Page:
Chancellor of the Exchequer, Rishi Sunak announced yesterday (26/03/20) a support package for the self-employed, where contractors and freelancers will be able to claim 80 per cent of their earnings, a maximum of £2,500 a month from HM Revenue & Customs (HMRC).
This is similar to the scheme Mr Sunak unveiled earlier which supports employees’ salaries, but at the time came under fire as it did not support the self-employed. However, an issue that has already arisen from this package, is that this scheme is unlikely to be up and running before the end of June.
The key points of the relief package according to Daniel Barnett, employment law barrister are:
- Income will be calculated by taking the average income over the last three years
- Self-employed people can claim these grants and continue to do business
- The scheme is only open to anyone with trading profits of up to £50k (this covers 95 per cent of self-employed people).
- The scheme is only open to those who make the majority of income from self-employment; if you are employed but have a ‘side job’ which is self-employed, you will not be eligible
- The scheme is only those who have submitted a tax return for 2019 (this is to minimise fraud). However, those who did not submit their tax return by the due date of 31 January 2020, and have not yet submitted one, can still submit a tax return for 2019 for a further four weeks from today
- There are no steps to take. HMRC will contact eligible self-employed people directly and pay the grant straight into their bank account after inviting them to fill out an online form
Rhys Wyborn, employment partner at law firm, Shakespeare Martineau, said:
The Chancellor has finally done what the UK’s self-employed business community has been crying out for. Announcing that self-employed workers will be able to receive 80 percent of their average monthly net earnings will bring huge relief to all those who felt excluded from the Government’s generous support packages so far. Although, more details will be needed as to how this will be calculated.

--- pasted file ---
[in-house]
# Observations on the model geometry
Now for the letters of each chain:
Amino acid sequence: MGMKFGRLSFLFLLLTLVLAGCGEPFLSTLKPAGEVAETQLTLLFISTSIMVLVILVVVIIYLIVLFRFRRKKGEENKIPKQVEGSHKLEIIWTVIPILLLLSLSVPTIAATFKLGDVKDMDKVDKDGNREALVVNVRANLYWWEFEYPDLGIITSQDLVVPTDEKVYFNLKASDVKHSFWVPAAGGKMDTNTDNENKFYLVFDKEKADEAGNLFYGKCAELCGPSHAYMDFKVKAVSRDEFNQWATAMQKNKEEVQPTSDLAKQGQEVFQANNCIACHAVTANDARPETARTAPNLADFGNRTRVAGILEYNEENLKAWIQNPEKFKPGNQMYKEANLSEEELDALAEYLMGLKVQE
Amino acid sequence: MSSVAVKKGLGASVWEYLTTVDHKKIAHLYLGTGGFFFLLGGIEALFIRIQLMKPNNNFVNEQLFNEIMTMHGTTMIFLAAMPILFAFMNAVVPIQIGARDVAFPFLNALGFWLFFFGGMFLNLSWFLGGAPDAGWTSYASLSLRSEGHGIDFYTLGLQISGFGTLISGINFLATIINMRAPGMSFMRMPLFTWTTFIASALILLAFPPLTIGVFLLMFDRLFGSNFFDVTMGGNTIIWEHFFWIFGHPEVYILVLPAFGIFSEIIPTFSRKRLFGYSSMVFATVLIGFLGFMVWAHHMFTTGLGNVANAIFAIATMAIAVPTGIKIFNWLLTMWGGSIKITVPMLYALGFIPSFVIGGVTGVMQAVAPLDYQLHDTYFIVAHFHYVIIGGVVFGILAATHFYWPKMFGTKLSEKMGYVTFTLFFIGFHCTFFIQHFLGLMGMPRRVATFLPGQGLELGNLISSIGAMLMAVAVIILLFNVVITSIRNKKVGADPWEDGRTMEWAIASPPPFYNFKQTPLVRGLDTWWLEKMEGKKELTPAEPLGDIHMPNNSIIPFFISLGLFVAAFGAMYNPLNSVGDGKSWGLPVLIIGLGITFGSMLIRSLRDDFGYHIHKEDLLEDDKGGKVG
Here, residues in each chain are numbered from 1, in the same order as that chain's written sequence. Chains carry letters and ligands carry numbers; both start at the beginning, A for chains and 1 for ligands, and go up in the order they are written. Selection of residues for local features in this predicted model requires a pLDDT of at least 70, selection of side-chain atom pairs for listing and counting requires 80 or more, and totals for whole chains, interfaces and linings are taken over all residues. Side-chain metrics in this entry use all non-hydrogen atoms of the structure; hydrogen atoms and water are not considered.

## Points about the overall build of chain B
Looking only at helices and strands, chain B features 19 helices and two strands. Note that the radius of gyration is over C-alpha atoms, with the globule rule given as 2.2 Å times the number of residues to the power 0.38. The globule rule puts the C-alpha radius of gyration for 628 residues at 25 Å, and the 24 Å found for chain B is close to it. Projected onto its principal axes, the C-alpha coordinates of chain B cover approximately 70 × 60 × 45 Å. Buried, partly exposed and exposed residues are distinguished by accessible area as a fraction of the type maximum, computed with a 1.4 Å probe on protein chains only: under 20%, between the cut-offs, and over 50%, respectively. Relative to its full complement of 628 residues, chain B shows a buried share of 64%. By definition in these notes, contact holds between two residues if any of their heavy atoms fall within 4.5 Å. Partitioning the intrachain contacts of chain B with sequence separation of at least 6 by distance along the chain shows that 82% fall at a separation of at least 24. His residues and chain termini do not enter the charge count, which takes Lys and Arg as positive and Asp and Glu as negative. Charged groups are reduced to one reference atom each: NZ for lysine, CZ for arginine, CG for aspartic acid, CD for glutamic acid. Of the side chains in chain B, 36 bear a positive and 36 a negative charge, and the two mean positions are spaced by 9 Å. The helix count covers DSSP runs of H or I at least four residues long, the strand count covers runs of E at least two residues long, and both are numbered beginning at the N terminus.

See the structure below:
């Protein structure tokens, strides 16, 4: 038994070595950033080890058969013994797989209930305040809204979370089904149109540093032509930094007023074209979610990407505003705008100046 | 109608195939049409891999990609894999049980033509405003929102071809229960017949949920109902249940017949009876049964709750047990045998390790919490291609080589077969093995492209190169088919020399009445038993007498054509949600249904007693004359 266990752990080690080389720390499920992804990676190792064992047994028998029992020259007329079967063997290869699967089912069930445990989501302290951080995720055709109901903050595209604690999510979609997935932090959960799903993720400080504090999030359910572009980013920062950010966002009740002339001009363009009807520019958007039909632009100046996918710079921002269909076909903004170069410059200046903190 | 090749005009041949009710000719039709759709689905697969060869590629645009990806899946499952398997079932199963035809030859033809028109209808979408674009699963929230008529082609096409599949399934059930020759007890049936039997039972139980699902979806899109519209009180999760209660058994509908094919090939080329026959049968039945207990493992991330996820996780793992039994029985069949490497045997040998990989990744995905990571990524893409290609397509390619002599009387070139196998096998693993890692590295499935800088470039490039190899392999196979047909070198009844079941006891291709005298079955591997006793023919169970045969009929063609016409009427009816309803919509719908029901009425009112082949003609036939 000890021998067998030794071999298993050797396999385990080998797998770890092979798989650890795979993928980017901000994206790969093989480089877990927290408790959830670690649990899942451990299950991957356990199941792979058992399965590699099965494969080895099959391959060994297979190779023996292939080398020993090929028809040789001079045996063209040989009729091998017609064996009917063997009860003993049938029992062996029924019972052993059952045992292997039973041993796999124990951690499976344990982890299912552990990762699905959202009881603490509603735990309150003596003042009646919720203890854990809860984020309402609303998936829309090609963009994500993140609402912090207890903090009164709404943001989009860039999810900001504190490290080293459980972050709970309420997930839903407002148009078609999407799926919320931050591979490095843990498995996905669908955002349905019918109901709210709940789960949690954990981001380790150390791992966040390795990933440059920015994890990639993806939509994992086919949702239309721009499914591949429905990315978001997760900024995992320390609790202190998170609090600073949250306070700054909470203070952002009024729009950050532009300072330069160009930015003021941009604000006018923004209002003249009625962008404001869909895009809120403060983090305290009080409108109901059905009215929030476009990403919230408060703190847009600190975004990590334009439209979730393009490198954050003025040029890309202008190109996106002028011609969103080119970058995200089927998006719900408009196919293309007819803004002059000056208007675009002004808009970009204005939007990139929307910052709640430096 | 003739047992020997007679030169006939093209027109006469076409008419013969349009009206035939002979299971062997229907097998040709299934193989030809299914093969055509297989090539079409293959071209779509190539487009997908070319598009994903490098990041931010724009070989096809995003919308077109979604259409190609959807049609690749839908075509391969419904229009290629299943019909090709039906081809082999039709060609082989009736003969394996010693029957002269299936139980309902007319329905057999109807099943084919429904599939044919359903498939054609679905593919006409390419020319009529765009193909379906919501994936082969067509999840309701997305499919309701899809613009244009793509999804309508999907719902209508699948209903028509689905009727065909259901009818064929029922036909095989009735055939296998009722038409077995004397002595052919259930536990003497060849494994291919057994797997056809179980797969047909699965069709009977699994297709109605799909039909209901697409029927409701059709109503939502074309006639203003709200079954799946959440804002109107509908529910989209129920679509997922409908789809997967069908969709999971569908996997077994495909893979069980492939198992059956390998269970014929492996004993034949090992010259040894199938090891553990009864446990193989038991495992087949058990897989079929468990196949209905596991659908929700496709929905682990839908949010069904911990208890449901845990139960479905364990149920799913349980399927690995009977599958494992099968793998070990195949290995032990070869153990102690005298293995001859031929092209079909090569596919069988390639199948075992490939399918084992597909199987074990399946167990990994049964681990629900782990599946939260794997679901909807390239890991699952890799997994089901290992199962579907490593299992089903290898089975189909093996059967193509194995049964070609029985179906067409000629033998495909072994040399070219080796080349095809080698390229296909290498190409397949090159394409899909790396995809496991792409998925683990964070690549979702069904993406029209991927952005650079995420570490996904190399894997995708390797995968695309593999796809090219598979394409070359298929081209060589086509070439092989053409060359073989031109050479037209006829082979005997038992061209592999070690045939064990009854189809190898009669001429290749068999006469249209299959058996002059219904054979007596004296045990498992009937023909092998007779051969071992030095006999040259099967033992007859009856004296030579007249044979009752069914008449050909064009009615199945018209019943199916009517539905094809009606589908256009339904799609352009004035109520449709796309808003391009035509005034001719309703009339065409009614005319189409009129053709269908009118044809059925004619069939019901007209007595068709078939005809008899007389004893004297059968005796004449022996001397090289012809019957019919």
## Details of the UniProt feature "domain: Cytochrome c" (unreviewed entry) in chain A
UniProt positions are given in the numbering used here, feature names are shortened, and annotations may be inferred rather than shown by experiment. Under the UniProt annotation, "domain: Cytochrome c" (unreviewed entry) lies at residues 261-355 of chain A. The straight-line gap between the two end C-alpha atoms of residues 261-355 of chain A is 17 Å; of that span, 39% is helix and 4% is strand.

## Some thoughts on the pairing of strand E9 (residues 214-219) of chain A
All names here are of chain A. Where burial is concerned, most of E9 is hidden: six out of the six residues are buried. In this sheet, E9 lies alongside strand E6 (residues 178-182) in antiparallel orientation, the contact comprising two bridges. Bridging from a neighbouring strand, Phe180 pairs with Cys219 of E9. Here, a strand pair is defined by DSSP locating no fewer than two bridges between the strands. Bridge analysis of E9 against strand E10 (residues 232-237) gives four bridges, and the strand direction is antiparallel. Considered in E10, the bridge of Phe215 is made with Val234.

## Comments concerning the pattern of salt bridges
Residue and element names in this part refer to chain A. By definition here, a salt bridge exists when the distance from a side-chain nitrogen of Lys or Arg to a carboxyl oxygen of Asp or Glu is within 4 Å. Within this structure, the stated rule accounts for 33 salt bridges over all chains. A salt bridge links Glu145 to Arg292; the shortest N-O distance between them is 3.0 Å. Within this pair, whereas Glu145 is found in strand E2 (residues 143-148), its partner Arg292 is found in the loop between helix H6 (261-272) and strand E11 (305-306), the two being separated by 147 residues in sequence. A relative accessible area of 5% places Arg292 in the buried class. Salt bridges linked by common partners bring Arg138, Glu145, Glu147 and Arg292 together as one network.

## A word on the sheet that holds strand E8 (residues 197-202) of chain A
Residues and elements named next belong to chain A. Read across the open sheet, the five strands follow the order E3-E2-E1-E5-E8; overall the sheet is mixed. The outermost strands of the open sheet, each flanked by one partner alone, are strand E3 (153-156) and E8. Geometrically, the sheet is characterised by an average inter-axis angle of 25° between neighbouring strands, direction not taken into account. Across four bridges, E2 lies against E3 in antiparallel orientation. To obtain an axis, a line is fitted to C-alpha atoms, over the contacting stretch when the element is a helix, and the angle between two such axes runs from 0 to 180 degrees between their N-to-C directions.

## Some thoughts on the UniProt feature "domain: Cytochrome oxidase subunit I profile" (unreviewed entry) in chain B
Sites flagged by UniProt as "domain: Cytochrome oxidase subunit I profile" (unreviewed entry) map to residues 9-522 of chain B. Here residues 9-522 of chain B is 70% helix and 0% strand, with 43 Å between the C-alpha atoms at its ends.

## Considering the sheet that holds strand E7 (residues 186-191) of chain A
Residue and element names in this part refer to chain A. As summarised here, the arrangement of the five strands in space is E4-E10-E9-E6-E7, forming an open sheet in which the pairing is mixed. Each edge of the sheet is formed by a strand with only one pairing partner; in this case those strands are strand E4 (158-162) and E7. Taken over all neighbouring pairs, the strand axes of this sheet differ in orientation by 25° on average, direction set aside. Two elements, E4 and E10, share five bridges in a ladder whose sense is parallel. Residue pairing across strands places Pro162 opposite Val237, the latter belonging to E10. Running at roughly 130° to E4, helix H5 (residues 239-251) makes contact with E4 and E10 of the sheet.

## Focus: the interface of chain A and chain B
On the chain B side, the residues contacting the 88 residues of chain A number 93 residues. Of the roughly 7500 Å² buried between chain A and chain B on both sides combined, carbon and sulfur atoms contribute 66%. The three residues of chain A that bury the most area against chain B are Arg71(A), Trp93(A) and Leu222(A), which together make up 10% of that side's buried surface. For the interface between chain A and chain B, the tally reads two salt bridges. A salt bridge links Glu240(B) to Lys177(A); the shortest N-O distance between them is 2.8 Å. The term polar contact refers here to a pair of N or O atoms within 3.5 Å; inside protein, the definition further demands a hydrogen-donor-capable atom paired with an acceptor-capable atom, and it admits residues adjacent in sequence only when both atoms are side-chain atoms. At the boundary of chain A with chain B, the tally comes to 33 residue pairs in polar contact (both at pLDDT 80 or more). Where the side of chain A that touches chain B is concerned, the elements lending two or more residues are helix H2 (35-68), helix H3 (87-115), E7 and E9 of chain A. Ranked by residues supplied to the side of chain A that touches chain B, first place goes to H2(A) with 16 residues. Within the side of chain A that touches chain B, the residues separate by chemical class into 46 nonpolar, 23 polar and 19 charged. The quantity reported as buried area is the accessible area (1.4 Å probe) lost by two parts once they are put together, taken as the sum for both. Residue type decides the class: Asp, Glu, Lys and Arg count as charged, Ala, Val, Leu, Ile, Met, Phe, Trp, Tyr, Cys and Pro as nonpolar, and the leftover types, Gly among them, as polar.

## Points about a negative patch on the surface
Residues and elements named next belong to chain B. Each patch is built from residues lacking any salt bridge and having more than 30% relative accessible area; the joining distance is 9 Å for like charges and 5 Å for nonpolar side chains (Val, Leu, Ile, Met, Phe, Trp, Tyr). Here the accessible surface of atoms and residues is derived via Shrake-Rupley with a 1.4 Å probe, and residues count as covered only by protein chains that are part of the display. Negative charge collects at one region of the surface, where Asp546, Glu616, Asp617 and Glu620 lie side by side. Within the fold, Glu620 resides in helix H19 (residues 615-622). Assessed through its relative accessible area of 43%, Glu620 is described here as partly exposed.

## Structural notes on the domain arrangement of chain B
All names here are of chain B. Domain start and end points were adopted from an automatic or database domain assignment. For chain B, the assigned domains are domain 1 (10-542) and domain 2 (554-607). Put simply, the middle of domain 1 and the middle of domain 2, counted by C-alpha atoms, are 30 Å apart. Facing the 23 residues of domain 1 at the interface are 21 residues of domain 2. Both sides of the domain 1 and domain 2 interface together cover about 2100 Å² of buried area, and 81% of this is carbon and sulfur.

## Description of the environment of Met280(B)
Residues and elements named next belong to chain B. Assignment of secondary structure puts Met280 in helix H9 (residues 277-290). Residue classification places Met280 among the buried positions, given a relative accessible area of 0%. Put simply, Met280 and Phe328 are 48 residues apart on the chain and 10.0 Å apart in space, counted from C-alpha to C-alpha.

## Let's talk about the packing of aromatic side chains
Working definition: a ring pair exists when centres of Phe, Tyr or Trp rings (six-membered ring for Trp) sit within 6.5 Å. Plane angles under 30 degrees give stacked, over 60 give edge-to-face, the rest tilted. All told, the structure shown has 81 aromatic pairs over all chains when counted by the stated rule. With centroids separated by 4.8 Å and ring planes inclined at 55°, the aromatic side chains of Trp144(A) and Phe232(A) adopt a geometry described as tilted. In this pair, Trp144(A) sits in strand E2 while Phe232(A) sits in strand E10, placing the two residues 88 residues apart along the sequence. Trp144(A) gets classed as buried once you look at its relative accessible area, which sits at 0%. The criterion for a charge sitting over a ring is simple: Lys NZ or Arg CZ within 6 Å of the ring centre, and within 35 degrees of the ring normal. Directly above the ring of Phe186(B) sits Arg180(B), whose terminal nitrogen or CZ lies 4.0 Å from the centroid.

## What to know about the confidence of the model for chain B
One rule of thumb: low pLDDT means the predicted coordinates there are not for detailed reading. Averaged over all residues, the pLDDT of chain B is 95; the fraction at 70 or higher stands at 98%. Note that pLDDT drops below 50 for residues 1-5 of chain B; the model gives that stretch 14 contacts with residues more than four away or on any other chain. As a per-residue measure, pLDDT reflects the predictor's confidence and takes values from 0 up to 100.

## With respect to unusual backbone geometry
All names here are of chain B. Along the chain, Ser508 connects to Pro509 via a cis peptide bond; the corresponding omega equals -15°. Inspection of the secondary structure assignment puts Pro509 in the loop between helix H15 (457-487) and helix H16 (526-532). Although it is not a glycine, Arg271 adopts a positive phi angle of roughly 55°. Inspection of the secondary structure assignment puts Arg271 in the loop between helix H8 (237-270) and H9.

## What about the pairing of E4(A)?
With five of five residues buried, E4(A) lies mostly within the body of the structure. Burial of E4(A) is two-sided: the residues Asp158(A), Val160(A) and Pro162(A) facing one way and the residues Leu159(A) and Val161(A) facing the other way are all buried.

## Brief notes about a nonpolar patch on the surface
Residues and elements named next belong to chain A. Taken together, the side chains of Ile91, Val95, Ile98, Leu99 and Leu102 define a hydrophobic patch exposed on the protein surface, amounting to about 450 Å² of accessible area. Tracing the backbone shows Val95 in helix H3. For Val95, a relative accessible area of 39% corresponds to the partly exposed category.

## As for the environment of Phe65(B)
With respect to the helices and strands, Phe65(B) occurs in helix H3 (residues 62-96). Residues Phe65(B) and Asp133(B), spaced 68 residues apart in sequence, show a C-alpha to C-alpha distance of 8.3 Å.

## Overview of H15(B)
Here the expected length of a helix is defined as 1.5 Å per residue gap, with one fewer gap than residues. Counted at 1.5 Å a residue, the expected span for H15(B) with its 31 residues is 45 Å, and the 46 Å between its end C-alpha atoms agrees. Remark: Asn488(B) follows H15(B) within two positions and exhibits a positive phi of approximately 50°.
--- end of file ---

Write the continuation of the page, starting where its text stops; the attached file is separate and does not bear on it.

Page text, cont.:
It was touch and go when the emergency Coronavirus Bill passed through Parliament yesterday, without any additional help for the self-employed, however the Chancellor has stepped up and recognised that more support is needed.
Time will tell as to whether these measures are enough to support self-employed workers during this unprecedented time and many will be watching closely as further details emerge around how to claim the financial aid. However, those who are still unsure about what the new package means for them should consider professional advice. In such an uncertain period, seeking clarity where possible is vital to survival.
Dave Chaplin is CEO and founder of contracting authority ContractorCalculator believes the scheme has pros and cons and said:
I applaud the Chancellor’s package to provide financial support for the UK’s freelancers and contractors. Just like employees, the UK’s flexible workers have had their lives and livelihoods turned upside down and they have mouths to feed and bills to pay. They are the tax-paying flexible talent who provide essential skills and expertise to the UK economy and it is vital they are supported so that they are still there to help rebuild the economy as we emerge from this crisis. It is right and proper that they are not penalised and are supported through these unprecedented times.
It does seem unjust that all employees can access the Job Retention Scheme, but there is a cap on the scheme for the self-employed. Also the delay until July could cause considerable cash flow problems for many.
Neil Carberry, chief executive of the Recruitment & Employment Confederation (REC) said:
This is a cashflow crisis. The support initiatives are the big action businesses and self-employed people need. But to really work effectively and protect jobs, cash needs to come in quickly and be easy to access. The Chancellor should now turn his attention to ensuring supported loans are quickly available, businesses receive furlough cash quickly and the self-employed scheme can pay out before June. We will be working to make sure that this package supports the UK’s full flexible jobs market, including one million temporary agency and contract workers.